Browsing Capstone Projects by Title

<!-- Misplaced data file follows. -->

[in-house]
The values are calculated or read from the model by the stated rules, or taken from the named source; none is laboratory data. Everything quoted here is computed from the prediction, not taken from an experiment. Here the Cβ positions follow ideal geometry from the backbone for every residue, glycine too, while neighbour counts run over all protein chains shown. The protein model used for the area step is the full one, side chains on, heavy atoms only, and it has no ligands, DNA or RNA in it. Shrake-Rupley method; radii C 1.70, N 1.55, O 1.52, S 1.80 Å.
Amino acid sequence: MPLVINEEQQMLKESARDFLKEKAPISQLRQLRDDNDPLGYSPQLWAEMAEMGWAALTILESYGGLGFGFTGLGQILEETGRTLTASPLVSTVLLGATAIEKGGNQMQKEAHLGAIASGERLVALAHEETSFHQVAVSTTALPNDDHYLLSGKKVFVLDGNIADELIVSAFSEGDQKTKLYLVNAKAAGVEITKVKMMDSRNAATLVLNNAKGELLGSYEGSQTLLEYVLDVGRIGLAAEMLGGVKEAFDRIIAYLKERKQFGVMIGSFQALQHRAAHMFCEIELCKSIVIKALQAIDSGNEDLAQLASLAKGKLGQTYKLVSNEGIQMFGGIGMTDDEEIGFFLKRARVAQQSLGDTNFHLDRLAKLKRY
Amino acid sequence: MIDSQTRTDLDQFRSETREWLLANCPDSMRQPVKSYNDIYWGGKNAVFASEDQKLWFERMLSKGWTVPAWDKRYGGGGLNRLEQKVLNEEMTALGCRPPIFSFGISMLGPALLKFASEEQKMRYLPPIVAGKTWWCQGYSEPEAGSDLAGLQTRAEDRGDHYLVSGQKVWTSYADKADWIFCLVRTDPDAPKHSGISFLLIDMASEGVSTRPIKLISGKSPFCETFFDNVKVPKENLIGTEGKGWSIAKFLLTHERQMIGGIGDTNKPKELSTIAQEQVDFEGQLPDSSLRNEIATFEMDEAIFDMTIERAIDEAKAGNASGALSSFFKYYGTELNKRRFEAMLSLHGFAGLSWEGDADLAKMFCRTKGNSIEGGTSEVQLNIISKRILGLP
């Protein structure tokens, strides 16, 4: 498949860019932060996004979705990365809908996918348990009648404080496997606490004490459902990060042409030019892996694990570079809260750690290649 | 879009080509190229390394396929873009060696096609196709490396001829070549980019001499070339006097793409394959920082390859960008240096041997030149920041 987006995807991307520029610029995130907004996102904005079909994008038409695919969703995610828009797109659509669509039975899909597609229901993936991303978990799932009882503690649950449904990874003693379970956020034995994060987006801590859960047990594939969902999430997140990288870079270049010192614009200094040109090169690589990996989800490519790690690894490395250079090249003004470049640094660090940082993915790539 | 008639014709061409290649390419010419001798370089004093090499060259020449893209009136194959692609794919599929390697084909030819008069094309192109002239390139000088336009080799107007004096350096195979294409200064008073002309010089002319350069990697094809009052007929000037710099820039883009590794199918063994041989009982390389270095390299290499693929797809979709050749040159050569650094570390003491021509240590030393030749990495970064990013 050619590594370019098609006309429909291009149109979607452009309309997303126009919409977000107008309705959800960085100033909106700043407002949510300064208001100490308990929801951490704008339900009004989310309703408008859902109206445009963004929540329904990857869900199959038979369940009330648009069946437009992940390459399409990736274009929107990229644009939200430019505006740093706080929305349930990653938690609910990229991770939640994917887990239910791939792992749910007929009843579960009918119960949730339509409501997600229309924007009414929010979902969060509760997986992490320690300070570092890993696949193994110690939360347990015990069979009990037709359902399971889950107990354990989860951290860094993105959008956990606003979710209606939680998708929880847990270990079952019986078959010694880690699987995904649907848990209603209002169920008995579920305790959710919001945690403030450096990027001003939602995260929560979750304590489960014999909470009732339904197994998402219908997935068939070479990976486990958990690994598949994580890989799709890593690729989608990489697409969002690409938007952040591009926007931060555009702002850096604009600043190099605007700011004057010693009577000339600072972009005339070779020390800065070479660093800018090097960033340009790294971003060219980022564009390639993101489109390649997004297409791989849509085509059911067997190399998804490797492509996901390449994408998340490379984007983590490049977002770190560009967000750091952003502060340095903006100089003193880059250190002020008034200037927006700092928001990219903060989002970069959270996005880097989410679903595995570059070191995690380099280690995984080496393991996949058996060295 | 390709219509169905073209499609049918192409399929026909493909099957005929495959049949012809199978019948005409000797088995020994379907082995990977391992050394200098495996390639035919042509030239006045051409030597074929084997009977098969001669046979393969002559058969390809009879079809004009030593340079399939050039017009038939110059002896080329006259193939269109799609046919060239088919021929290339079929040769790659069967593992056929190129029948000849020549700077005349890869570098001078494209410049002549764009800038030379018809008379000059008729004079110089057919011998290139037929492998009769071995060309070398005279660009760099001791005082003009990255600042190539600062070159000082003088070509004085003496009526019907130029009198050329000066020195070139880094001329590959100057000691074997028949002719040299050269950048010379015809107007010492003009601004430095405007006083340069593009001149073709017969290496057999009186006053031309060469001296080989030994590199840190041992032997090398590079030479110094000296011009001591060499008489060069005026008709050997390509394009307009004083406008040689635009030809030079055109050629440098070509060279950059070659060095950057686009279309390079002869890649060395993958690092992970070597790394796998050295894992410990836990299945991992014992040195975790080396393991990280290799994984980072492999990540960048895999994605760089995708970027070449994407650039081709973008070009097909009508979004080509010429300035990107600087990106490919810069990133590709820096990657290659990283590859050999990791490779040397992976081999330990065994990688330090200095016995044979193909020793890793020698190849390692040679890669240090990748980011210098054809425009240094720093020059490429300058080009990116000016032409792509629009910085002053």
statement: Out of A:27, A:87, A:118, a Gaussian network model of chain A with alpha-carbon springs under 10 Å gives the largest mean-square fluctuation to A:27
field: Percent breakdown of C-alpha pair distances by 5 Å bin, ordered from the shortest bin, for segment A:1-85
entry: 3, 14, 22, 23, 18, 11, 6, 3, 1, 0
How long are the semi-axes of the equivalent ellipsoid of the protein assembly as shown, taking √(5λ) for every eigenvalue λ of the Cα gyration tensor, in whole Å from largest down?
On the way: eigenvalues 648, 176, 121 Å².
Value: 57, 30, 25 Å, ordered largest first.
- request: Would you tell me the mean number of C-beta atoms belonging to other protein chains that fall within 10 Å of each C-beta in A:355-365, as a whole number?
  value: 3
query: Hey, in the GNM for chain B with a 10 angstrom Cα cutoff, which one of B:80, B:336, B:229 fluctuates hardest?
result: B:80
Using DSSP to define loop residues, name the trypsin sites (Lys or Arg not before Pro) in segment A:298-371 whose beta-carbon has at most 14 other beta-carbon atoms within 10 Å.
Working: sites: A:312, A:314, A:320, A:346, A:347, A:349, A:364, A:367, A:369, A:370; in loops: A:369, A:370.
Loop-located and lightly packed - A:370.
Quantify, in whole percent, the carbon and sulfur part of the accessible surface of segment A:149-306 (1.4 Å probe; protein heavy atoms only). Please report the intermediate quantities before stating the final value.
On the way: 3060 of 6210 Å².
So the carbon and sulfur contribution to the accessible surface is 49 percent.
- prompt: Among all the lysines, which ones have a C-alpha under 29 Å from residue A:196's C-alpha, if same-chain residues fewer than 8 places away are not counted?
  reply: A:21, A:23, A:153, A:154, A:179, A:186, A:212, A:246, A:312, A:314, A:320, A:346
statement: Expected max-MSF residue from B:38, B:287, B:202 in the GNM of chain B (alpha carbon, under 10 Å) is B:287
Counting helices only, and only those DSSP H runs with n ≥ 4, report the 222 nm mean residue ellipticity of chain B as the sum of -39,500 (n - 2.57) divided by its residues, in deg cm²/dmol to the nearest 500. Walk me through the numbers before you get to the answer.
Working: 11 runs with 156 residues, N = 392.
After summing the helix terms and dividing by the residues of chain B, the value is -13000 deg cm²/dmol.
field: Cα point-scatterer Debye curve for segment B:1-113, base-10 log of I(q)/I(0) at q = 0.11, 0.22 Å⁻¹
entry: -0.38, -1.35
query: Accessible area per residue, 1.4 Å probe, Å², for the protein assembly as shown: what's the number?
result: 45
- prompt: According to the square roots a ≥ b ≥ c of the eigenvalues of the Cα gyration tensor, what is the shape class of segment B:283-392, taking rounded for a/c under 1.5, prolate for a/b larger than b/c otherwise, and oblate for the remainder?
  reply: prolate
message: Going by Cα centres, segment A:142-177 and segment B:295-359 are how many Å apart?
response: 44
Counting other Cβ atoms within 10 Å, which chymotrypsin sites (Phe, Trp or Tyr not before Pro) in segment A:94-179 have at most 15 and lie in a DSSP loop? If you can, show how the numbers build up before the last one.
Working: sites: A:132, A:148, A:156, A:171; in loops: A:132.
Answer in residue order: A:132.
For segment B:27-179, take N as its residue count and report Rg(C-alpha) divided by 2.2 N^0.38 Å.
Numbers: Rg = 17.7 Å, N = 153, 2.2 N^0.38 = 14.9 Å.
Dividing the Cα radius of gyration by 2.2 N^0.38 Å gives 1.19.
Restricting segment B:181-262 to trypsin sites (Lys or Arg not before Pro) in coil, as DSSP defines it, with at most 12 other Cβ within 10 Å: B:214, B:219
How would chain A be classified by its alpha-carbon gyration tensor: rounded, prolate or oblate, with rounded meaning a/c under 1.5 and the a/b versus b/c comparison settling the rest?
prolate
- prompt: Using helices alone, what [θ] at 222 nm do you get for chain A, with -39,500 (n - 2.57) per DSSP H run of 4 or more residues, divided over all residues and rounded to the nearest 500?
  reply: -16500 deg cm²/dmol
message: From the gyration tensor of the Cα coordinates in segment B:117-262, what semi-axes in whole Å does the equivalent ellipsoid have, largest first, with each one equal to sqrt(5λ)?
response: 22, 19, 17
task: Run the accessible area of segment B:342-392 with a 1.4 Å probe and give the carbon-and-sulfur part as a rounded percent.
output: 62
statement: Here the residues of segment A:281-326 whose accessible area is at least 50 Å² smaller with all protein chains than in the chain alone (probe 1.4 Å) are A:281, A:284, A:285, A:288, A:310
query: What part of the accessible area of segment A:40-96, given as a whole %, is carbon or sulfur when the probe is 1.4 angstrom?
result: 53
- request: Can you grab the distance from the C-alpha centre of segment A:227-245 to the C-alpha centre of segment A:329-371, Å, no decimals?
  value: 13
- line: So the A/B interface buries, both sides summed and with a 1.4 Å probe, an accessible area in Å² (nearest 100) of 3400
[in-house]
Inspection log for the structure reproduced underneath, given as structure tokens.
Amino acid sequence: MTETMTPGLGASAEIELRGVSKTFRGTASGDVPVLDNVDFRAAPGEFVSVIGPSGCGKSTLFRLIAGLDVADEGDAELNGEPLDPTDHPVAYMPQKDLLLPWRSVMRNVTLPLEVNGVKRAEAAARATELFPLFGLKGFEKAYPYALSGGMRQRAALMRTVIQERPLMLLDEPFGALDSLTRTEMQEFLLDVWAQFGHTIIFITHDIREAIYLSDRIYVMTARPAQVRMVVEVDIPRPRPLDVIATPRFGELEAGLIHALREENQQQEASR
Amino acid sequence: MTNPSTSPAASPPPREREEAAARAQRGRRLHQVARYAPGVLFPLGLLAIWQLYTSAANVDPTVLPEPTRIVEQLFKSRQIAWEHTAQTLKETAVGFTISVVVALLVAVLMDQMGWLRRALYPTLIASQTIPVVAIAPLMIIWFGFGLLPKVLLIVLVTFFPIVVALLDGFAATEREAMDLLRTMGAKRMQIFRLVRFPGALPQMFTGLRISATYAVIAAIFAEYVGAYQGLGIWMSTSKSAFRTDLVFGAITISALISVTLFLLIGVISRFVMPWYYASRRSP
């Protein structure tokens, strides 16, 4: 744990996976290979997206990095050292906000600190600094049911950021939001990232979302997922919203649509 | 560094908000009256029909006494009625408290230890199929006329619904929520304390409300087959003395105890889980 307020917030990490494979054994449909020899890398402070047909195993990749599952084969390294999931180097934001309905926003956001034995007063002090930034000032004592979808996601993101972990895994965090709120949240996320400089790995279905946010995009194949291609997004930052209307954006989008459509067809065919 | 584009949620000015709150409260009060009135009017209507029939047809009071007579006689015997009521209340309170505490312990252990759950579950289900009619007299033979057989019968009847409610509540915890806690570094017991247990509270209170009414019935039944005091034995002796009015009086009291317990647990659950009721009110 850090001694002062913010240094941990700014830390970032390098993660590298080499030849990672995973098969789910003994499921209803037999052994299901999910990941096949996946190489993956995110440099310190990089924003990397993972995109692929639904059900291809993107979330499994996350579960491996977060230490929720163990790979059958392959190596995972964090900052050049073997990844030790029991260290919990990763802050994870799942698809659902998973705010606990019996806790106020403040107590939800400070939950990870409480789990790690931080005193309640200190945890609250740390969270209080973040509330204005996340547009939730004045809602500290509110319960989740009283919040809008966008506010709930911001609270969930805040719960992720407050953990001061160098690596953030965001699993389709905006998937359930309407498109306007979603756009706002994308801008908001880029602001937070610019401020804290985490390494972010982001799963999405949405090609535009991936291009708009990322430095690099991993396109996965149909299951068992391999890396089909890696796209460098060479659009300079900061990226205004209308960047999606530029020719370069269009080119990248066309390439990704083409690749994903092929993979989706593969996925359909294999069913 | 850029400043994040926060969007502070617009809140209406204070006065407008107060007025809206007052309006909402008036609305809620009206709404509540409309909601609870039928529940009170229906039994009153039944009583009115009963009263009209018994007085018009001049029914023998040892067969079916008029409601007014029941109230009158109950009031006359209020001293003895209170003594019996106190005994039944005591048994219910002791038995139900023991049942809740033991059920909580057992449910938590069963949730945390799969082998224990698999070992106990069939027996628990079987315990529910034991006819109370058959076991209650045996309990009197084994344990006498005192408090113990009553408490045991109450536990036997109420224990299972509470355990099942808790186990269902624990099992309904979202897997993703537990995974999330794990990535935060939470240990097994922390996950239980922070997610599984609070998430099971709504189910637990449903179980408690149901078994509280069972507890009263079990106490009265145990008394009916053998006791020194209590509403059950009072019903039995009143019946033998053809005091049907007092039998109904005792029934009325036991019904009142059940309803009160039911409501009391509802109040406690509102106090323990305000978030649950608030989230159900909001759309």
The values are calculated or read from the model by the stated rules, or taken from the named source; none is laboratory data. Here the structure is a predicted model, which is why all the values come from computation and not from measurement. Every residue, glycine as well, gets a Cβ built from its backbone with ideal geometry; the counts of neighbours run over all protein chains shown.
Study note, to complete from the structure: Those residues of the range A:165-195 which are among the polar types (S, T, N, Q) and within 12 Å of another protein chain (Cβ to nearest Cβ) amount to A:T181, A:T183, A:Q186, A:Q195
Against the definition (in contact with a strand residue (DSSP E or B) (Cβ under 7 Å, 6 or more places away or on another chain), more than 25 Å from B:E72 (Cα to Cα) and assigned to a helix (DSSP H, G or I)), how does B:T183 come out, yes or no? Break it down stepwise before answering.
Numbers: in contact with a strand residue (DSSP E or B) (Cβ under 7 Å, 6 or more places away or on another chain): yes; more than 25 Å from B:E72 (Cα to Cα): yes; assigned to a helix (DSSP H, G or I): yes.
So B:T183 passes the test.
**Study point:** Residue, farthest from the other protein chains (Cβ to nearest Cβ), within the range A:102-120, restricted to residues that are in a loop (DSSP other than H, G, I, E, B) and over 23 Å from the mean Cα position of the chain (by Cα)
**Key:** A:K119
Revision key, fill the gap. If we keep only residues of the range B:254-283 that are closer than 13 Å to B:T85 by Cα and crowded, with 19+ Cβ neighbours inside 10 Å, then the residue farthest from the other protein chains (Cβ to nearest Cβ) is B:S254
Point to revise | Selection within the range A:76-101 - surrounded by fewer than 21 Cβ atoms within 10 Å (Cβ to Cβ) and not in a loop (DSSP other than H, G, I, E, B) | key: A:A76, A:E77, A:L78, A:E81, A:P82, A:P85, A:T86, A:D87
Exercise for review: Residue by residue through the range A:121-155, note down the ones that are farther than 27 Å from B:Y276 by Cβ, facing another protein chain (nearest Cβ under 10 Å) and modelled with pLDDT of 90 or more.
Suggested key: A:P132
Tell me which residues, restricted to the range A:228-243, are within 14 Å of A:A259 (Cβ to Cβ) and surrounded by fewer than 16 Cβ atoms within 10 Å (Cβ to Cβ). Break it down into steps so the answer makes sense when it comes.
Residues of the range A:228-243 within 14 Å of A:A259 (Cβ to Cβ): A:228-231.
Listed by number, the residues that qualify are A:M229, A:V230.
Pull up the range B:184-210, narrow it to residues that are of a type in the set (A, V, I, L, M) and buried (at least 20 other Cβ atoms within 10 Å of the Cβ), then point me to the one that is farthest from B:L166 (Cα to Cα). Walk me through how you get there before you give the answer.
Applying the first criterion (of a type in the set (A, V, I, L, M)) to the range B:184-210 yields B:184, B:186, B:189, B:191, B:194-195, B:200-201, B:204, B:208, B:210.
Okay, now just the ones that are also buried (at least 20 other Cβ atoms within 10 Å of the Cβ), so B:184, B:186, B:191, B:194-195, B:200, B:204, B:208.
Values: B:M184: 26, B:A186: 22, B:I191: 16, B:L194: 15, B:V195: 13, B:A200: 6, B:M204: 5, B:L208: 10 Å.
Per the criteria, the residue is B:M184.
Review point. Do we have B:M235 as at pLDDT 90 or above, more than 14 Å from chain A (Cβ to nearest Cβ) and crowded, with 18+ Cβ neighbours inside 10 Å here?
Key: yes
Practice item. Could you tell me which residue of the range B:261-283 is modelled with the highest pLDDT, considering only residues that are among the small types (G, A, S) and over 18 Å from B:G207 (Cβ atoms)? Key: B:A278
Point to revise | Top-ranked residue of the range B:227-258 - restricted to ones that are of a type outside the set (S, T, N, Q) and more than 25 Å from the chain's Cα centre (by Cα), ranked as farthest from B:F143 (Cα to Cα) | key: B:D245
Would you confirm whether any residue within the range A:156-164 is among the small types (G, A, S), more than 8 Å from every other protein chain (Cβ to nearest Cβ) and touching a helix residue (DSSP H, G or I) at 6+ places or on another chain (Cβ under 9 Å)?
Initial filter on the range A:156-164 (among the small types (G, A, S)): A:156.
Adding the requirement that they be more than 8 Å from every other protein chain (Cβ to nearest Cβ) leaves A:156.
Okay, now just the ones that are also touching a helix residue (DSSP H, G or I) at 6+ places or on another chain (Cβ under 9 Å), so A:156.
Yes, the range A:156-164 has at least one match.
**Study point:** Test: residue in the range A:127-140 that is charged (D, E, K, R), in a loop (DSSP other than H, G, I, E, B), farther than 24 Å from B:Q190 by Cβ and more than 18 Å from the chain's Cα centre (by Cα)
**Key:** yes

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ItemAn Educational Intervention to Promote IEP Collaboration with Elementary Students(2023) Vo, LienAims: This study aimed to explore the occupational therapists' perceptions of collaborating with elementary students when developing Individualized Education Program (IEP) goals in the education plan. Methods: Sixteen occupational therapists (n = 16) participated in a mixed method pre- and post-experimental study using a one-module educational intervention based on adult learning theories. Results were analyzed descriptively and quantitatively using the Sign Test. Results: The educational intervention significantly changed the occupational therapists' perceptions (Mdn = 1.0) from not collaborating to collaborating with elementary students. However, the participants reported that the organization and team support, time, confidence, and student's functional ability negatively impact their practice to collaborating inclusively. The participants found that group learning activities, literature about collaboration, and paper resources were effective during the educational intervention. Discussion: Outcome measures revealed the educational intervention was effective to inform the occupational therapists about inclusive practices to include elementary students when developing IEP goals. The educational intervention contained evidence-based content and was designed based on blending adult learning principles to construct and apply new knowledge. The pilot study had limitations that can help refine future trainings to include other IEP team members. Conclusion: The educational intervention helped the occupational therapists reflect their perceptions to practice inclusively and equitably in giving elementary students a voice in choice of desired IEP goals. Through collaboration, occupational therapists can shape the elementary student's goals in accordance with the IEP plan. As a client-centered profession, occupational therapists must remain grounded and include elementary students as part of the IEP team. ItemBioimpedance Spectroscopy for the Health Care Professional(2020) Underwood, MelindaPurpose: The capstone project aimed to develop a continuing education module to educate health care providers and staff on the purpose and use of the bioimpedance spectroscopy (BIS) unit. The researcher also conducted a one-month clinical utility survey with the outpatient wound care team to determine if using the BIS measurement tool changed patient intervention plans. Methods: The researcher developed a continuing education training module with pre-and post-testing to assess the participants learning. A course evaluation was developed to evaluate the effectiveness of the learning module. A mixed-methods clinical utility survey was performed with the outpatient wound care center where participants completed a systems usability scale (SUS) questionnaire and participated in a one–month follow-up interview. Results: Seven subjects participated in education and demonstration training during the clinical utility survey. Four of seven participants completed the SUS questionnaire. The data revealed an above average SUS score and good learnability and usability scores. Conclusions: The module and clinical survey confirmed that health care providers found the unit easy to operate and could potentially implement BIS into their daily workload. Reported barriers to using the device include unit location, short staffing, infection control, and patient load. Despite these barriers, the wound care staff have been trained on the device's use and found BIS beneficial for lymphedema patients, chronic venous insufficiency, congestive heart failure, kidney failure, peripheral vascular disease, and post-operative wound care needs. ItemEarly Caregiver Training in Stroke(2021) Koerner, StephanieCerebrovascular accidents (strokes) have a widespread and profound impact on survivors and caregivers, their quality of life and their ability to engage in occupations. Shortened hospital stays, limited access to post-acute rehabilitation, and often drastic changes in an individual’s functioning, can leave caregivers untrained and unprepared at discharge. The focus of acute care is limited to medical stabilization and discharge of the patient, resulting in a missed, and sometimes sole, opportunity to support and prepare caregivers through education and training. The current healthcare climate and review of the literature support the need for an early, standardized education program for caregivers that is clear, systematic, and readily accessible to clinicians and caregivers. The establishment of a formalized program in the acute care setting provides an opportunity for improved outcomes in functioning and quality of life and health for caregivers and survivors of stroke. Benefiting stakeholders, this program serves as a template for other settings. In addition, this program contributes to the scholarship of occupational therapy (OT), positioning the profession as a visible leader in hospital discharge planning and preparation. ItemEffects of Reflex Integration in Autism: An Occupational Therapy Case Report(2019) Padilla Melendez, JenniferIntroduction: Primitive reflexes play a role in motor development by preparing an infant to move against gravity and develop sensory organs and receptors. The Masgutova Neurosensorimotor Reflex Integration (MNRI) is a non-invasive, natural, and replicable neuromodulation technique that creates mature neurological pathways in the reflex circuit to aid in the development of mature motor patterns. Autism Spectrum Disorder (ASD) is a term used to describe a group of neurodevelopmental conditions characterized by social communication deficits and repetitive sensory-motor behaviors. Objective: To describe the effects of the MNRI intervention on bilateral coordination, auditory-visual integration, and crossing midline motor patterns of a child diagnosed with ASD who presents with a persistent asymmetrical tonic neck reflex (ATNR) and to discuss the implications of MNRI as it relates to occupational therapy (OT) practice. Methods: The child (10 years old) with a diagnosis of ASD with significant motor delays, persistent ATNR, and lack of independence for activities of daily living (ADL) was randomly selected from a purposive sample and participated in an 8-week MNRI intervention protocol to integrate the ATNR. The child was assessed pre and post intervention using the Schilder test, Bruininks-Oseretsky Test of Motor Proficiency, 2nd edition (BOT-2), Sensory Profile 2, and a crossing midline observation form. Results: The case study results suggest that the MNRI intervention was successful at integrating the ATNR and improving bilateral coordination and crossing midline skills. The MNRI was not successful at improving upper-limb coordination. No effects were identified in regards to auditory-visual integration. ItemOccupational Therapists’ Role in Reducing the Risk of Breast Cancer Related Lymphedema Prior to Diagnosis(2021) Asfoor, LinaBreast cancer related lymphedema (BCRL) is a common complication that occur among breast cancer survivors after surgical or radiation interventions. Nearly 40% of breast cancer survivors develop BCRL, though the International Society of Lymphology (ISL) classifies all those with a compromised lymphatic system as having stage 0 lymphedema. Breast cancer related lymphedema can be debilitating for breast cancer survivors, affecting them physically, mentally, emotionally, socially, and financially. Nevertheless, current literature offers no evidence to support a standard approach to improve management at stage 0 lymphedema. Occupational therapists (OTs) can help breast cancer survivors address BCRL at its early stages in order to improve performance outcomes and survivors' quality of life. A high demand is currently present to educate breast cancer survivors on BCRL and its prevention. This article thus aims to identify best practice in minimizing the risk of developing BCRL beyond stage 0 and distinguish the role of OTs in this practice. ItemOccupational Therapy Practice Guidelines for Post-Surgical Breast Cancer Survivors(2020) Sitabkhan, ShamimaCancer continues to grow at an alarming rate globally and in the United States. Breast cancer is one of the leading cancer diagnoses in women, and surgery is a common treatment option for breast cancer. Breast surgery leads to numerous challenges with a unique set of complications affecting breast cancer survivors’ functional abilities and quality of life (QoL). To effectively address these unique set of complications, cancer rehabilitation professionals, including occupational therapy (OT) practitioners, need to have specific training, advanced skills, and clinical judgment in the field of oncology rehabilitation. This paper addresses the need for population-specific OT clinical practice guidelines (CPGs), as a resource to OT practitioners, with recommendations on evidence-based assessments and interventions to holistically address the physical, psychosocial, spiritual, and functional needs of this population. The Occupational Therapy Practice Guidelines for Post-Surgical Breast Cancer Survivors were developed after completing a thorough needs assessment, communication with the interdisciplinary oncology team, an intensive review of current research on the efficacy of assessments and interventions within the scope of OT, and the application of OT theory to practice guidelines. The CPGs provide recommendations on completing a comprehensive assessment, guidance on interventions to address symptom management, and a list of recommended upper extremity exercises for the OT practitioner while working with this population. The CPGs were implemented with a one-person case study with outcomes indicating that the CPGs may be effective at increasing functional abilities and maximizing QoL for individuals after surgical intervention for breast cancer.